March/April 2015 / INDUSTRIAL DISTRIBUTION 15 www.inddist.com
Orders, Production & Inventory
ISM’s New Orders Index registered 52.9 percent in January,
a decrease of 4. 9 percentage points when compared to
the December seasonally adjusted reading of 57.8 percent,
indicating growth in new orders for the 20th consecutive
month. A New Orders Index above 52.1 percent, over
time, is generally consistent with an increase in the Census
Bureau’s series on manufacturing orders (in constant 2000
ISM’s Production Index registered 56.5 percent in January, which is a decrease of 1.2 percentage points when
compared to the seasonally adjusted 57.7 percent reported
in December, indicating growth in production for the 11th
consecutive month. An index above 51.1 percent, over
time, is generally consistent with an increase in the Federal
Reserve Board’s Industrial Production figures.
ISM’s Backlog of Orders Index registered 46 percent in
January, which is 6. 5 percentage points lower than the 52.5
percent reported in December, indicating contraction in
order backlogs following three months of growth in order
backlogs. Of the 87 percent of respondents who reported
their backlog of orders, 18 percent reported greater backlogs, 26 percent reported smaller backlogs, and 56 percent
reported no change from December.
The Inventories Index registered 51 percent in January, which is 5. 5 percentage points higher than the 45.5
percent registered in December, indicating raw materials
inventories are growing following one month of inventories contracting. An Inventories Index greater than 42.9
percent, over time, is generally consistent with expansion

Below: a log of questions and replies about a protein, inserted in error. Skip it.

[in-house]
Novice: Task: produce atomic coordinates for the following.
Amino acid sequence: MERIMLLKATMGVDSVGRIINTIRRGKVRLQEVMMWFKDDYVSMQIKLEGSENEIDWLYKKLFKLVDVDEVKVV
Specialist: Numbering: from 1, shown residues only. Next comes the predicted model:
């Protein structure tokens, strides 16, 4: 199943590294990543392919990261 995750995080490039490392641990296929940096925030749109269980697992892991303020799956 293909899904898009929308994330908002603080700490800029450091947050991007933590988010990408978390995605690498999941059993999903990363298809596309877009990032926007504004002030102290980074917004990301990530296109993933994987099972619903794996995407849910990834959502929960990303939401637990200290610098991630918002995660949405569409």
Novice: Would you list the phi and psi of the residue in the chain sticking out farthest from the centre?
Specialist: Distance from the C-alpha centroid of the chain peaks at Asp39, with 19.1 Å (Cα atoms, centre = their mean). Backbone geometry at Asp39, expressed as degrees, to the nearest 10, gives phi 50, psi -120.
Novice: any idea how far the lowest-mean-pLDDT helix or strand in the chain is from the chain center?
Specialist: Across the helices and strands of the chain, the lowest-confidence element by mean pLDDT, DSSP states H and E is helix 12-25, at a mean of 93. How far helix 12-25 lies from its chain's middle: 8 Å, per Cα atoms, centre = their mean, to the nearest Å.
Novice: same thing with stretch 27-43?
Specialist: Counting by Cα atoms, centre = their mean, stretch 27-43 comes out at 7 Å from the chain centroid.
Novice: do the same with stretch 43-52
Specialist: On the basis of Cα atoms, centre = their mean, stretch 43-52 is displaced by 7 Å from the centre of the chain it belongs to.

in the Bureau of Economic Analysis (BEA) figures on overall manufacturing inventories (in chained 2000 dollars).
Exports, Imports & Prices
ISM’s New Export Orders Index registered 49.5 percent in
January, which is 2. 5 percentage points lower than the 52
percent reported in December. January’s reading reflects a
month of contraction in the level of exports, following 25
consecutive months of growth in new export orders.
ISM’s Imports Index registered 55.5 percent in January,
which is 0.5 percentage point higher than the 55 percent
reported in December. This month’s reading represents 24
consecutive months of growth in imports.
“A major downside to the ISM report is that the manu-
facturing trade deficit continues to get worse,” Meckstroth
cautions. “Imports are growing faster and exports are
falling. The export index dipped below 50 to 49.5 but the
imports index rose to 55.5 from 55 in December. Foreign
trade will be a drag on manufacturing activity this year.”
The ISM Prices Index registered 35 percent in January,
which is a decrease of 3. 5 percentage points compared to
the December reading of 38. 5 percent. In January, 11 per-
cent of respondents reported paying higher prices, 41 per-
cent reported paying lower prices, and 48 percent of supply
executives reported paying the same prices as in December.
This is the third consecutive month that raw materials prices
have registered a decrease, with the Prices Index decreasing
a total of 18. 5 percentage points over these three months.
A Prices Index above 52.1 percent, over time, is generally
consistent with an increase in the Bureau of Labor Statistics
(BLS) Producer Price Index for Intermediate Materials.
“Falling oil prices and other commodity prices are evident
in the report,” Meckstroth adds. “The price index indicated
declining prices for the last three months. Deflation in com-
modity prices is good for consumers (especially oil prices)
but it does influence the pace of investment spending.”
“The January ISM report is neither good nor bad but
lukewarm,” Meckstroth concludes. “Manufacturing
production was exceptionally strong in the fourth quarter
( 5. 2 percent growth in manufacturing industrial pro-
duction), with the overall economy decelerating from a
growth of 5 percent in the third quarter to 2. 6 percent in
the fourth quarter. Manufacturing activity is now shifting
to a slower, more sustainable rate of growth.”
For more information on the Institute of Supply Management, visit www.ism.ws.